McKinley describes CSU writing community’s lasting influence
When Colorado State University alumna Nancy McKinley (MA ’84 – Creative Writing) wrote St. Christopher on Pluto, she didn’t expect the book to receive national attention. But it came nonetheless as a glowing review on National Public Radio’s Fresh Air in late May.
“St. Christopher on Pluto drew me in by its humor, but, like the best comic fiction, it’s constructed out of insider social observations that sting as much as they amuse,” Maureen Corrigan writes in her review for NPR.
The book follows Mary Katherine, or MK, and Colleen — two elementary school friends who meet again as adults when working in the same failing mall. After ditching Colleen’s car for an insurance scheme that goes awry, the women pursue madcap volunteerism. “They get into an insurance scheme together, but they want to help others,” McKinley said.
They take off in MK’s Buick, Big Blue — guided by a glowing St. Christopher statue glued to the dashboard — and the friends encounter unexpected events as they travel across the farm debris, mine ruins and fracking waste of northern Appalachia.
Despite widespread ruin, the women show why there is still a community of hope, filled with people looking out for their neighbors, and with survivors who offer joy, laughter, and good will.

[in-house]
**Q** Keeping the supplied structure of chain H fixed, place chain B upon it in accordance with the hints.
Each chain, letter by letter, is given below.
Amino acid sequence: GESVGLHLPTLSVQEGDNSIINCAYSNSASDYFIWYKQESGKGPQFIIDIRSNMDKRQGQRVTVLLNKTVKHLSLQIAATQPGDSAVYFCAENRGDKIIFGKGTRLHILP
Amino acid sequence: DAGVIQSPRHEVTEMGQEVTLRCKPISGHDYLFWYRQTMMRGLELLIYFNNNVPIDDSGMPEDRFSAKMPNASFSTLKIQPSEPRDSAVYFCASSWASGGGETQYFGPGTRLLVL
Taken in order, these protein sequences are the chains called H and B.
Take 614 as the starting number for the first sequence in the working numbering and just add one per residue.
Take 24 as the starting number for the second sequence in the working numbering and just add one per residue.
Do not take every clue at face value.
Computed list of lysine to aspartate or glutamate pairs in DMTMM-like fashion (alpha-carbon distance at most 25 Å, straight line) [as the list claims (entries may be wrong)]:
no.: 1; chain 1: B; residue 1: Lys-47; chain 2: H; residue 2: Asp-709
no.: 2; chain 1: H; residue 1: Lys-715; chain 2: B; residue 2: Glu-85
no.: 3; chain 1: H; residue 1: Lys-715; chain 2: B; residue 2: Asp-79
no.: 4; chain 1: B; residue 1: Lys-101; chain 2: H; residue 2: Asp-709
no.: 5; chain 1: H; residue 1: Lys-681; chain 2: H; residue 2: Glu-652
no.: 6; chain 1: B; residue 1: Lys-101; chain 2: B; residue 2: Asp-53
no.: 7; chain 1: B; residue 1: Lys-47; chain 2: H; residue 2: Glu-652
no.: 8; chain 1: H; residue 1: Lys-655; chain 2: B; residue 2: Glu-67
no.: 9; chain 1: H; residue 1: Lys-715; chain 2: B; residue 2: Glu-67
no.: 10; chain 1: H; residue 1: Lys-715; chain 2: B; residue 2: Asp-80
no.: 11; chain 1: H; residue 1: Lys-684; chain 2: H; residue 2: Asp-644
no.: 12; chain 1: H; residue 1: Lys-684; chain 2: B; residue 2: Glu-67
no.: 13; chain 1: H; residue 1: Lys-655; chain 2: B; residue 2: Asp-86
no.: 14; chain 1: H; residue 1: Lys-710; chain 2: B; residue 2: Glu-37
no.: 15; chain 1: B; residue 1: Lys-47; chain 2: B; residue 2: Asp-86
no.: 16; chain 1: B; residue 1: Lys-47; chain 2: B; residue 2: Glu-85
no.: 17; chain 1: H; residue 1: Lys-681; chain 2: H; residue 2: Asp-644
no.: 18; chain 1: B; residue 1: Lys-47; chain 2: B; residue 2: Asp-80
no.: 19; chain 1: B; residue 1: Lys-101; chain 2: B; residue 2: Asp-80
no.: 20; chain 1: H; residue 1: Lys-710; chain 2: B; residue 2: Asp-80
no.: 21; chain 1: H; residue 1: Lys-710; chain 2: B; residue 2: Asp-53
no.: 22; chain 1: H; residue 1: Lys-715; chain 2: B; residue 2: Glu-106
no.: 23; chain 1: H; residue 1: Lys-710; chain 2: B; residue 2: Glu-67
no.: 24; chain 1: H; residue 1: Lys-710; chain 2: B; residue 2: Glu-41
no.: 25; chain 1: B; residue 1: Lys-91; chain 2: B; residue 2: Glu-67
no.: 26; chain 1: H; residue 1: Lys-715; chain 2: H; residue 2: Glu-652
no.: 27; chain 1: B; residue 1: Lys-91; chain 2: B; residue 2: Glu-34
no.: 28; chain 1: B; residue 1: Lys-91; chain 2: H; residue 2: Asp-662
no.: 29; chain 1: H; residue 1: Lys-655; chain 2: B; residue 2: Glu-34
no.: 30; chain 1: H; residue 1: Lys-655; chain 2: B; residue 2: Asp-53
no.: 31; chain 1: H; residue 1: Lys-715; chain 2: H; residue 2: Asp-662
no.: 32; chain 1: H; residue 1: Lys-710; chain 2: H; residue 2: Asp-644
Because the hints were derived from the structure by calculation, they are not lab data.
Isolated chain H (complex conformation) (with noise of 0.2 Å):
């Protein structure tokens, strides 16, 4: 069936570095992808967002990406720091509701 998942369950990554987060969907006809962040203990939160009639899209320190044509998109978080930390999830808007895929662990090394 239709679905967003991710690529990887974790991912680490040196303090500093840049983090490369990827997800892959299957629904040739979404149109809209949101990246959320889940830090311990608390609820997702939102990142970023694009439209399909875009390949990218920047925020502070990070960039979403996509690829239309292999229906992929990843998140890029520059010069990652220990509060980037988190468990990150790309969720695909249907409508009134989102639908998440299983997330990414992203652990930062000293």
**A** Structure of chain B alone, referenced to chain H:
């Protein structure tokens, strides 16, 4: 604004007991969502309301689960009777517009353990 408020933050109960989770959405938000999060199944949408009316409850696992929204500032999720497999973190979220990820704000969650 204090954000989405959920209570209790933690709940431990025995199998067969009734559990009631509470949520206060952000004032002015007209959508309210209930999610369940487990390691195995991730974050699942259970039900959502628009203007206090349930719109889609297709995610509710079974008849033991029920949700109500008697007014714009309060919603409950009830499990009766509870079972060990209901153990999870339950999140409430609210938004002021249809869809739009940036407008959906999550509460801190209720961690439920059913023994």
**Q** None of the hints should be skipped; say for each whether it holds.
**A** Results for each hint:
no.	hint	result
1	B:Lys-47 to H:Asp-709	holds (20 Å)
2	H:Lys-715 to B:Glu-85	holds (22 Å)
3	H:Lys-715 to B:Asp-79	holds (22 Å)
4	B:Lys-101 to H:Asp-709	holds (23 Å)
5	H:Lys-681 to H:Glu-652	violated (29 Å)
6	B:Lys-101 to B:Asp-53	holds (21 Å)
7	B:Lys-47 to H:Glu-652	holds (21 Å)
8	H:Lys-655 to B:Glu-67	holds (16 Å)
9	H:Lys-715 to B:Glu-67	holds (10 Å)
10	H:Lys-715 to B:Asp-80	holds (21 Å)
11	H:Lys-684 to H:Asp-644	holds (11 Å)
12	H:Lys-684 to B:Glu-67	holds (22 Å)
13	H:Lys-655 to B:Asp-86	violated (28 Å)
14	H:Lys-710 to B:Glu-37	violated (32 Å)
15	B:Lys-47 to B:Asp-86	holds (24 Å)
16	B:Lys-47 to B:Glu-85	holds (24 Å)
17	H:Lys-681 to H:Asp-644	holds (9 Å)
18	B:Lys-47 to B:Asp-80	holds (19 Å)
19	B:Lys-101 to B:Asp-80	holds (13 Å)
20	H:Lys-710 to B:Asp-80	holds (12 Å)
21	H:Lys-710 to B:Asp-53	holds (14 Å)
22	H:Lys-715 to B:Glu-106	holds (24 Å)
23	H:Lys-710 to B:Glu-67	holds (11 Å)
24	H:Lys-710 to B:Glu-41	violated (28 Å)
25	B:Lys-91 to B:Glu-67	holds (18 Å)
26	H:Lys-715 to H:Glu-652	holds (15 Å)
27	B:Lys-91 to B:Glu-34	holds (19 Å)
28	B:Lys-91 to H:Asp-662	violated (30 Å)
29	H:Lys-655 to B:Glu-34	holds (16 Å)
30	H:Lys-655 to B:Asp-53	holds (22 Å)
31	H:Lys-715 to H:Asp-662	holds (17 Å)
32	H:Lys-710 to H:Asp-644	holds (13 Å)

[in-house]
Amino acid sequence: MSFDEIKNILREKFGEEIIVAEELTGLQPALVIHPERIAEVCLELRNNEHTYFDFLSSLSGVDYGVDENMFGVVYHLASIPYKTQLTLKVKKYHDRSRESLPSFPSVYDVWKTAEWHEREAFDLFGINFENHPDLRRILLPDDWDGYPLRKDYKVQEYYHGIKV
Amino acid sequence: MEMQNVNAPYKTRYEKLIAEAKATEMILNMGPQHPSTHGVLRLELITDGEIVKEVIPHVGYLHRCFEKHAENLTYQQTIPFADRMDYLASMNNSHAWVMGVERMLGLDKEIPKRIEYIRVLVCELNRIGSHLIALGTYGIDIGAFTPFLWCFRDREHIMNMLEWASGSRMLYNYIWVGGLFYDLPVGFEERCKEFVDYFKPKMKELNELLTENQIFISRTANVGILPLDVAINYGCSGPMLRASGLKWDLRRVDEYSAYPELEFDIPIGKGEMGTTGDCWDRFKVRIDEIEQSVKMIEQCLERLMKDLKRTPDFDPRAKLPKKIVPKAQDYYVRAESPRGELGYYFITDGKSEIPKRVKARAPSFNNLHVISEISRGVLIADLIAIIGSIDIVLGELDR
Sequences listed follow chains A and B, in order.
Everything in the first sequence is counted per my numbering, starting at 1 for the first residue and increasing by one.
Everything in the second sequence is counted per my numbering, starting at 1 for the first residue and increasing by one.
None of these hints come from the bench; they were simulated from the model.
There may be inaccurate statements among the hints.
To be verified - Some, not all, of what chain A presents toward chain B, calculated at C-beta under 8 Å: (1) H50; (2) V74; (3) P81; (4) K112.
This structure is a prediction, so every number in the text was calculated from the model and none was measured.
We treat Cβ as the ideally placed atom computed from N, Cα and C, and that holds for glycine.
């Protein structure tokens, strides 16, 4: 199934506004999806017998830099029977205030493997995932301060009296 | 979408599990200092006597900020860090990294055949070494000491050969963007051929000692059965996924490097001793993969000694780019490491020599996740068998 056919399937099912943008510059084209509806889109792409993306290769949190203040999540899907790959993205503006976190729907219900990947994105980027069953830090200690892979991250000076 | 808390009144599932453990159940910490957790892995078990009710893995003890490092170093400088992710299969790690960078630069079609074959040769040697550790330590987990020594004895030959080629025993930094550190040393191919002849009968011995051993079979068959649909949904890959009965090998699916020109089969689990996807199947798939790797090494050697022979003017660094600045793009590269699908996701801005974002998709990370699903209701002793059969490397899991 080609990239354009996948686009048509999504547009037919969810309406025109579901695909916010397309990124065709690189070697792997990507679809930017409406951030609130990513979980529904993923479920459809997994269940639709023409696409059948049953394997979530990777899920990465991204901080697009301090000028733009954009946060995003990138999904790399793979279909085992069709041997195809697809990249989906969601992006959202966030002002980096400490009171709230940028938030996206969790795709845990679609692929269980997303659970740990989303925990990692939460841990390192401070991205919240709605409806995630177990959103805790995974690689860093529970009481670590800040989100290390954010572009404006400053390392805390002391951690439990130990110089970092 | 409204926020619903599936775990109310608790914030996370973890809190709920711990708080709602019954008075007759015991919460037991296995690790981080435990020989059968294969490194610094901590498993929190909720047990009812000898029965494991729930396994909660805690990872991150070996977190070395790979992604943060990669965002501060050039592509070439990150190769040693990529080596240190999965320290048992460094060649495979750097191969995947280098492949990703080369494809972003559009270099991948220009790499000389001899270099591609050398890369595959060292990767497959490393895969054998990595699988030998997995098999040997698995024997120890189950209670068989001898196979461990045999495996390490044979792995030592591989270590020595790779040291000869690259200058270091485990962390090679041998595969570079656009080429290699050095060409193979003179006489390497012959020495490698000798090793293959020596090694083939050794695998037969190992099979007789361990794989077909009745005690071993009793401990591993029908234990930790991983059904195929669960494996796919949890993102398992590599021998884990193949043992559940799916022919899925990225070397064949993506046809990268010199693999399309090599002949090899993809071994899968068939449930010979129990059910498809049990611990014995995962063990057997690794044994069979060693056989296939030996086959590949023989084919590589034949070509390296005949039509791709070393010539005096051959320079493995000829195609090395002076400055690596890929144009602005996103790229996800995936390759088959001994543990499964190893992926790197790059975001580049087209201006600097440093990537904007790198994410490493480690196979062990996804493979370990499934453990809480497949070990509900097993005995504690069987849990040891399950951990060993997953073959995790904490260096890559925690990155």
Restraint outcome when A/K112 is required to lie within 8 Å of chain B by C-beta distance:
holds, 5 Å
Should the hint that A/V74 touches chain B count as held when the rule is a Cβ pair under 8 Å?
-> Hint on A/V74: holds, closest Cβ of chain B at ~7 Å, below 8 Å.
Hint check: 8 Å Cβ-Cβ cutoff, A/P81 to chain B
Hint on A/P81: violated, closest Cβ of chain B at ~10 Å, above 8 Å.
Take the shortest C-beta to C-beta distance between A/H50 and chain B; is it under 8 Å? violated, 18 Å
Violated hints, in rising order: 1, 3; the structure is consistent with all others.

“‘Covert’ is a good way to characterize how this droll novel-in-stories delivers its social commentary,” Corrigan writes. “It’s so entertaining to go along for the ride with MK and chatty Colleen, and, because of their wry, sometimes bumbling, suck-it-up resiliency, it’s also possible to take in these hard-luck landscapes and see some possibility amidst all the losses.”
McKinley says community has been a driving force in her work since her time at CSU. It was there that she says she first engaged with a community of writers coaching one another through the process. Now, as a faculty member of the Wilkes University Maslow Family Graduate Program in Creative Writing since 2005, Mckinley has been instrumental in developing a hybrid creative writing program using a familiar template.
“I wanted to bring the spirit of the CSU program,” she said, “to emphasize a community of writers helping writers. It’s really important.”
She continues to employ the tools she learned at CSU in her writing today.
“I planted the seed for a lot of these stories as a grad student,” she said. “But I didn’t really know how to use the craft to get them to take shape as they now have, in this interweaving of comedy and social consciousness.”
McKinley said she listens to NPR and Fresh Air, and she said she received several phone calls about the radio episode from friends and family as it aired.
At the same time, she views Corrigan’s review of St. Christopher On Pluto as a prime opportunity to inspire writing students with the writing that alumni continue to produce.
“I felt exceptionally fortunate to be positively reviewed,” she said. “But what I’ve always cherished was spirit and community.”